Open Roads are not a Reason to Speed

By Member Jennifer Homendy

This past week, law enforcement officials across the United States, including in Indiana, Minnesota, and Virginia, took to social media to express their concern about the increased number of motorists speeding on the nation’s currently less-crowded roads.

In Minnesota, Governor Tim Walz reported that state officials have seen a “troubling surge” in traffic fatalities, even though stay-at-home orders have sharply reduced travel. The Minnesota Office of Traffic Safety reports that there have been 24 fatal crashes in Minnesota since March 16, resulting in 28 deaths, compared to 12 crashes resulting in 13 deaths during the same time period last year.

Just because the roads are clear, doesn’t mean you can—or should—speed.

In 2017, we issued a report, Reducing Speeding-Related Crashes Involving Passenger Vehicles, which emphasized that speeding increases the likelihood of being involved in a crash and intensifies the severity of injuries sustained in a crash. Although research shows speeding impacts all road users, it’s particularly dangerous for the most vulnerable, such as pedestrians and bicyclists. As mentioned in our report, more than 40 percent of the more than 300,000 people who sustained nonfatal injuries due to speeding in 2014 were pedestrians, bicyclists, or occupants of nonspeeding vehicles.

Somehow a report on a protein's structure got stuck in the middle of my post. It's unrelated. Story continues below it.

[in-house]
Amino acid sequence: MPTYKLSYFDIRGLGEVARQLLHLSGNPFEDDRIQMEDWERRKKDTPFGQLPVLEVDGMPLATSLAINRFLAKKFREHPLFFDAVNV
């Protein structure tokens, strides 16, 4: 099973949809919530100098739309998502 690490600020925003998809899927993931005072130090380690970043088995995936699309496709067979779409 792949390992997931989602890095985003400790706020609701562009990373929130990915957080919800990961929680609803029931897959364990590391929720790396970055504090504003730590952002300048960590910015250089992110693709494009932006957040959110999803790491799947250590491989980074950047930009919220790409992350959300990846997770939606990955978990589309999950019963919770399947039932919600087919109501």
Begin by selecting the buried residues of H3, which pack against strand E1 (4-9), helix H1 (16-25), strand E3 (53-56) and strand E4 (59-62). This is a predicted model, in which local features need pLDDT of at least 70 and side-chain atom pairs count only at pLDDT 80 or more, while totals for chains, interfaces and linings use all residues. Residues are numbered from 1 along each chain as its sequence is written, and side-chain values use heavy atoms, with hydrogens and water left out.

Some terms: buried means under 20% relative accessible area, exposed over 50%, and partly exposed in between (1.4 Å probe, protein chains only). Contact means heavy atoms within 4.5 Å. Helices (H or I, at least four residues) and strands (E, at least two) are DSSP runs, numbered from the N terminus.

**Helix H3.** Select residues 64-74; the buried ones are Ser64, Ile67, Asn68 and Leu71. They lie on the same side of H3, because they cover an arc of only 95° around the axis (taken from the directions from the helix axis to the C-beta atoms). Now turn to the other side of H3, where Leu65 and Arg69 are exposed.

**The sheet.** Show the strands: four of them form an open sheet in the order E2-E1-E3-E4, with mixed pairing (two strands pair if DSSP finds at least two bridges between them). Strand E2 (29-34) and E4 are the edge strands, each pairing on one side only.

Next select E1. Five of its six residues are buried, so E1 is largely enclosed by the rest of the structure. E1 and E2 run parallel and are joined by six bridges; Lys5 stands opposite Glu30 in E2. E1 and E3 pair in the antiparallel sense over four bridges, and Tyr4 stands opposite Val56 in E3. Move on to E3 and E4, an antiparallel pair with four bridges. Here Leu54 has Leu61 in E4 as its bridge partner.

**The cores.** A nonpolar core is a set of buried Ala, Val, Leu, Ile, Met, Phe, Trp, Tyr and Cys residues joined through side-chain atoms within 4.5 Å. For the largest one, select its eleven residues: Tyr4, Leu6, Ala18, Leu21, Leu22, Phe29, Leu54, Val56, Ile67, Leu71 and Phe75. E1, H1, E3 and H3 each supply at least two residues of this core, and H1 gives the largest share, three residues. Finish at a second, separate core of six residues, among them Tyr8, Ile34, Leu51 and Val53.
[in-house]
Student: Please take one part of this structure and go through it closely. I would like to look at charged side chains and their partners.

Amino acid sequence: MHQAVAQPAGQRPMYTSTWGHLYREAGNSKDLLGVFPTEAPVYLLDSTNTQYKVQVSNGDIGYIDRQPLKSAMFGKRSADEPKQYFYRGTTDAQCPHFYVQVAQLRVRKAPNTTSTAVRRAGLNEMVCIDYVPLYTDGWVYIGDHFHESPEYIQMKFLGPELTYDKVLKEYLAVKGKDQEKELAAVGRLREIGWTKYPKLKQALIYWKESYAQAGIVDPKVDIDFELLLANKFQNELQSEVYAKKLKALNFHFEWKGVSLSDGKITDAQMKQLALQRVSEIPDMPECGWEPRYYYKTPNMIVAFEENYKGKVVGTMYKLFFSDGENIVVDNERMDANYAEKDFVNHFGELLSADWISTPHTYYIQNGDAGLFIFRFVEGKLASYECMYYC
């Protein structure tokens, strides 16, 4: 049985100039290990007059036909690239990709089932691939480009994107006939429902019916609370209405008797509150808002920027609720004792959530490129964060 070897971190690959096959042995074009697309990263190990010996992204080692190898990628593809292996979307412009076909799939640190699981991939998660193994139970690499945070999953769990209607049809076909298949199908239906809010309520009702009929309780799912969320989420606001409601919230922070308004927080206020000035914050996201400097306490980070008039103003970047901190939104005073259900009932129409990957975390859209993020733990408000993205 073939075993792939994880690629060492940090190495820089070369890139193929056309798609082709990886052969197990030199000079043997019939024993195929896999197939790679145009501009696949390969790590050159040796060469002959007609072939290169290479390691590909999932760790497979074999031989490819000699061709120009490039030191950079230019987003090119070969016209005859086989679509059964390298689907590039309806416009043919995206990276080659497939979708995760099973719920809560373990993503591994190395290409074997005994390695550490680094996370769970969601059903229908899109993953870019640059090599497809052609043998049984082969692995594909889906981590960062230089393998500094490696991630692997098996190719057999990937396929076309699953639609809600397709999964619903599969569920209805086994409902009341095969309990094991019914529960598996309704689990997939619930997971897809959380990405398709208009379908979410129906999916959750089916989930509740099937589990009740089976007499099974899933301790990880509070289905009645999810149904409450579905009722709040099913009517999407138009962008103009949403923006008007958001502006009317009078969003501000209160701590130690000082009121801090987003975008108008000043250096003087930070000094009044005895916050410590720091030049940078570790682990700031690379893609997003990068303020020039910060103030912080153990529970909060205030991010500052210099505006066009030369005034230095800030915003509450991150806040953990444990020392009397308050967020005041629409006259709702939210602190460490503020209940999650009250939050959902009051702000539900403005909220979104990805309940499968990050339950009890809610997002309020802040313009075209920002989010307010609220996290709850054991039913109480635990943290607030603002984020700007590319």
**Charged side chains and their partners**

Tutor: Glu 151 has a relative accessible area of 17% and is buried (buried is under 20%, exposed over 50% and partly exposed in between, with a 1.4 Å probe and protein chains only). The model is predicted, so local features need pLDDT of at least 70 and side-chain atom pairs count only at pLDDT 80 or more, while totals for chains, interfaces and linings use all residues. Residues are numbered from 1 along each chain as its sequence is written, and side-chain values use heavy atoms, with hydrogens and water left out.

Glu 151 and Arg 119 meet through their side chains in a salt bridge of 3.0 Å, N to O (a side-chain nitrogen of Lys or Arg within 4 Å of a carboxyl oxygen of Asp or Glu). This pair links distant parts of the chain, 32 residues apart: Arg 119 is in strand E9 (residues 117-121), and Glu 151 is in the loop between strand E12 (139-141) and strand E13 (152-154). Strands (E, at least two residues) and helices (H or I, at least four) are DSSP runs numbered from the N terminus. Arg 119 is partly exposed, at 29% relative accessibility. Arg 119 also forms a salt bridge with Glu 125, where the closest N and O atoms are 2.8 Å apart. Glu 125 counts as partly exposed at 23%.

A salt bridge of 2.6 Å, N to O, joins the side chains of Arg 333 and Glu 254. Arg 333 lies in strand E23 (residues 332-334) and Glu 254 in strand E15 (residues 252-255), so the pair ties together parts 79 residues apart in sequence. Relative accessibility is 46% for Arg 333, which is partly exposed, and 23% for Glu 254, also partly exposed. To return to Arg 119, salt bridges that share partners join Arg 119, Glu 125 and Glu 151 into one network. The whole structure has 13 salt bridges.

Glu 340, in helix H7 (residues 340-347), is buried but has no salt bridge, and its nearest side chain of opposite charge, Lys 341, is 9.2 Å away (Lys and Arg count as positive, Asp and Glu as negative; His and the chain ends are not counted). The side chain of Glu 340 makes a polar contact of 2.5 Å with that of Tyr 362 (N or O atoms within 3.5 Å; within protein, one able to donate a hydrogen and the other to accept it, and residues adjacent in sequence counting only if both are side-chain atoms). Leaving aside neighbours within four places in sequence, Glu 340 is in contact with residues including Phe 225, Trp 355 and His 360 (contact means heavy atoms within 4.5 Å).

Trying to save a few minutes to get to your destination, isn’t worth the risk of a crash. At this time, we should all be working together to lessen the burden on our already overtaxed law enforcement officials, emergency responders, and medical personnel. Don’t assume that because the roads are fairly empty these days, you’re safe to drive dangerously. If you must go out, be safe. We’re all in this together.


Implement a Comprehensive Strategy to Reduce Speeding-Related Crashes is on the NTSB 2019-2020 Most Wanted List.  



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